Antique early American weathervanes shaped like horses, cows, deer, roosters, angels, ships and even fish were hammered in metal and used as much to decorate rooftops as to note the direction of the wind
Mosey on over and meet William Cody, who was known in these parts for his Buffalo Bill’s Wild West & Congress of Rough Riders of the World exhibitions. Yee haw!
If you’ve been on social media and have been seeing the term ‘sea shanties’ a lot lately, get the basics here about these old songs that have been around for centuries.
More than 100 years ago, Victorian corsets were practically required for women – to emphasize certain parts of the body, and to minimize others. Here’s a look back to what ladies back then were wearing!
From the era before electricity, automobiles and radio come these very old-fashioned recipes for Victorian Christmas side dishes. Get a taste of the holidays, 1800s-style!
Anyone visiting a county fair in the 1890s was likely to bring home a piece of ruby glass as a souvenir. They once sold for a song, and now are finds you’ll treasure.
These vintage tips to identify antique silver come from the 1940s – and include diagrams, descriptions and photos of lots of vintage silverwork.
The president’s walk across the bridge with cannon accompaniment from forts and ships The big bridge open: Two cities join in making a mammoth holiday
What were the most fashionable Victorian hairstyles in the 1890s? Glossy plaits, graceful coils and twists, and the fluffiest and most coquettish of bangs,
The invention of the dishwasher was a kitchen game-changer, and cleanly earned its inventor, Josephine Garis Cochrane, a spot-free finish in history.
That big front wheel bike was known as a penny farthing or high wheel bike, and they were all the rage in the Victorian age. In fact, many preferred them over conventional bikes. Here’s why.
Find out about the double murder Lizzie Borden may have committed – starting with the first news reports, through the court case, then summaries of the dramatic tale that riveted the nation.
Here are 20 classic mincemeat recipes (used to make the holiday favorite, mince pie) – as remembered through the decades by chefs, cookbook authors, in newspapers and family cookbooks.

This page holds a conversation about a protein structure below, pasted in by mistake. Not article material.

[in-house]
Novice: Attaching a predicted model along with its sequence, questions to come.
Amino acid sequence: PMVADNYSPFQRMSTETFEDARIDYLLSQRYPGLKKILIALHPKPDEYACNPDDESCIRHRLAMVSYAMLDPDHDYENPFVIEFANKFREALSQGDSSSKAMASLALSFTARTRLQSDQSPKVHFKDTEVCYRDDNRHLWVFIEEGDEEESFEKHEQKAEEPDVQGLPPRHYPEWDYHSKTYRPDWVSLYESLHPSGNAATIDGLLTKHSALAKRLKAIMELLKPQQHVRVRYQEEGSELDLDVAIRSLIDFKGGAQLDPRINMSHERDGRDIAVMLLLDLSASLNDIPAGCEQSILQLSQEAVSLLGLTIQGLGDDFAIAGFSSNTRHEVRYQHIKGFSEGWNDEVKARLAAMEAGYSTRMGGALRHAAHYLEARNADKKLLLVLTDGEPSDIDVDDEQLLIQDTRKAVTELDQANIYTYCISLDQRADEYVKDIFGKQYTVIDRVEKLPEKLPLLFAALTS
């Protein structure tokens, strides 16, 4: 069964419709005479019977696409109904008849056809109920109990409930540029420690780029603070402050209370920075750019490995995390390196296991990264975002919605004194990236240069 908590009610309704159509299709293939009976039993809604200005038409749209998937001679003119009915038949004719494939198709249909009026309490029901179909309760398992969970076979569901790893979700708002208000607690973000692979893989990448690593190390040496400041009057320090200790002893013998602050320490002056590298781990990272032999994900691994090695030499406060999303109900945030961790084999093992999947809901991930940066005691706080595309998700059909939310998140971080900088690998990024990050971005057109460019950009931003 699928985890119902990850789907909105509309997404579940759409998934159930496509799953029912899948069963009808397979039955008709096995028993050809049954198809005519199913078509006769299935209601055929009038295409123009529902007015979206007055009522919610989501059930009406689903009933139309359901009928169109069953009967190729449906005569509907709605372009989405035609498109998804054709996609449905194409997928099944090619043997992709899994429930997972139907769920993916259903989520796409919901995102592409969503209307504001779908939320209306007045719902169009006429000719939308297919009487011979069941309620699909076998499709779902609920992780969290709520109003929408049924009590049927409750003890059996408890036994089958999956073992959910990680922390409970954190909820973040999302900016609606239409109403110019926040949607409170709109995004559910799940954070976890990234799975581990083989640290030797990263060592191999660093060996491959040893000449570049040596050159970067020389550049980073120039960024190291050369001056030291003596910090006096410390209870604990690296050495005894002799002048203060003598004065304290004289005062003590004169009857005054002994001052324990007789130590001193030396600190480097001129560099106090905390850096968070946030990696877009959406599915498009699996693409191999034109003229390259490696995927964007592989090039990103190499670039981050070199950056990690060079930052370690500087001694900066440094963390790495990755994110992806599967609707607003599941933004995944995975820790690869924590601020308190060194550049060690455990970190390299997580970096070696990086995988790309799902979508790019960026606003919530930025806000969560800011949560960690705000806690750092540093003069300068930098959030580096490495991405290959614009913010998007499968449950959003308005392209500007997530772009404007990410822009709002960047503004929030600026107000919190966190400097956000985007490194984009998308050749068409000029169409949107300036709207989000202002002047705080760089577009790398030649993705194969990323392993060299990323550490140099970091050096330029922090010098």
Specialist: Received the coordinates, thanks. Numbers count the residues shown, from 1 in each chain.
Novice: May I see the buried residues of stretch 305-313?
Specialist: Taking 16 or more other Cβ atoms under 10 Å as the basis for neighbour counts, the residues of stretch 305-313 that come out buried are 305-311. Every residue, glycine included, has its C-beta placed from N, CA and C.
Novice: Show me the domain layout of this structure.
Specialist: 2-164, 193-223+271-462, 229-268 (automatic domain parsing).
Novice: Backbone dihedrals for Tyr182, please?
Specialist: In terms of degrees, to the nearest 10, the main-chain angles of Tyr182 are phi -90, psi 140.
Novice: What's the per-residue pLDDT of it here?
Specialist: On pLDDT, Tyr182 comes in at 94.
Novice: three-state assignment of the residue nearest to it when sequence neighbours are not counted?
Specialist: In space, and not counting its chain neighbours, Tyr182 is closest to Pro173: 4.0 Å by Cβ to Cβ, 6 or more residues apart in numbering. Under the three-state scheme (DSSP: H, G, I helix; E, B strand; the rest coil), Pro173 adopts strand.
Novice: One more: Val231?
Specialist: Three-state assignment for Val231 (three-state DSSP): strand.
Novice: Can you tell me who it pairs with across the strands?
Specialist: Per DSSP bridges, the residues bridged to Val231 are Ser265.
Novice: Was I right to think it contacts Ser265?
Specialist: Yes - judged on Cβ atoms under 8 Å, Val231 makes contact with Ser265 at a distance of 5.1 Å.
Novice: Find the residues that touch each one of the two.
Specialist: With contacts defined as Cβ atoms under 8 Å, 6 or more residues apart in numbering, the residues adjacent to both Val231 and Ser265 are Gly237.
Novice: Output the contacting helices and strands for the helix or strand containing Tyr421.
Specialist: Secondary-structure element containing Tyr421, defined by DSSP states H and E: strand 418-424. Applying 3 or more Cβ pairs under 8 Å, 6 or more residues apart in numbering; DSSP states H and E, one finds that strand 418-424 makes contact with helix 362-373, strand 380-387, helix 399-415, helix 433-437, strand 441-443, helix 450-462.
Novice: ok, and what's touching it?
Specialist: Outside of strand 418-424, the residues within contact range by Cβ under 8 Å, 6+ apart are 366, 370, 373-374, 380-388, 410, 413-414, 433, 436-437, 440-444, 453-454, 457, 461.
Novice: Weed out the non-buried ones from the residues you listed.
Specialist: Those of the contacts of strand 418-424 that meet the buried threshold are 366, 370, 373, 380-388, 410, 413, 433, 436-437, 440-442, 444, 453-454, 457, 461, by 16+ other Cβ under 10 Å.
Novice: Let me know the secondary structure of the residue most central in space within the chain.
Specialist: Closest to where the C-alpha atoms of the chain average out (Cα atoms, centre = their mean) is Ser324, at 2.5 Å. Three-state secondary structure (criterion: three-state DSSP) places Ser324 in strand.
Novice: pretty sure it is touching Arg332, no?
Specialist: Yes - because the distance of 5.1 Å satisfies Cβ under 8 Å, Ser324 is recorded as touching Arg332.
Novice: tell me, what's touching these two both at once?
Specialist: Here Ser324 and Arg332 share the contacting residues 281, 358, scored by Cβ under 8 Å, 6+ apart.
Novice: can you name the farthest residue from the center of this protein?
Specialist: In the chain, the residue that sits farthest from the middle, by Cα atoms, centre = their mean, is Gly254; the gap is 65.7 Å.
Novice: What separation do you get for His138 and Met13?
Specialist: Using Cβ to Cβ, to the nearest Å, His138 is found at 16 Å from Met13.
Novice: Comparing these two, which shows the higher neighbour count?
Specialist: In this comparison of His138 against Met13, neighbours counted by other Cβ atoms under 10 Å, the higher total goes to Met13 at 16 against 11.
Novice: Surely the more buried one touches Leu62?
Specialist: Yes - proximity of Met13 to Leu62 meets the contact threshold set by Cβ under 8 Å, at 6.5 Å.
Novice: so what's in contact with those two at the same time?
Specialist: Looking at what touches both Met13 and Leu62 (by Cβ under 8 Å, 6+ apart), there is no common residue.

While we can imagine a Christmas without snow and without presents, it’s almost impossible to envision the holiday without the main meal. Here’s what a traditional Victorian Christmas dinner was like.
Tailor-made jackets in velvet are now quiet the thing, and made medium-length, double-breasted, turned-back collar and pockets on either side; very much, in fact, on the order of the English top coat.
In the 1800s, women had to get dressed up for everything, which is why these Victorian dresses for roller skating even exist. It’s hard to imagine rolling down a hill in a long gown.
Take a stroll back to the late 1800s and early 1900s to see some of the grand homes and New York mansions that lined Fifth Avenue.
Did you ever think that every first or last name must originally have meant something? It originally meant something, and was intended to be applicable to the person who first bore it.
Letter-writing isn’t as much of an art as it once was. Books had to be written about it years ago, and ‘The Ready Letter-writer’ was as infallible and as essential as a cookbook is to many people nowadays.
In these antique Victorian engagement rings, in addition to diamonds, you’ll also see the brighter hues of rubies, emeralds, sapphires and turquoise.
Vintage wedding dress fashions from 1846 19th-century Victorian wedding dresses (1850) Bride from the 1800s The Diamond Wedding at St. Patrick’s Cathedral, October 13, 1859
The Victorian-era Cliff House This early version of San Francisco’s Cliff House was destroyed by fire in 1894 A later version of the first Cliff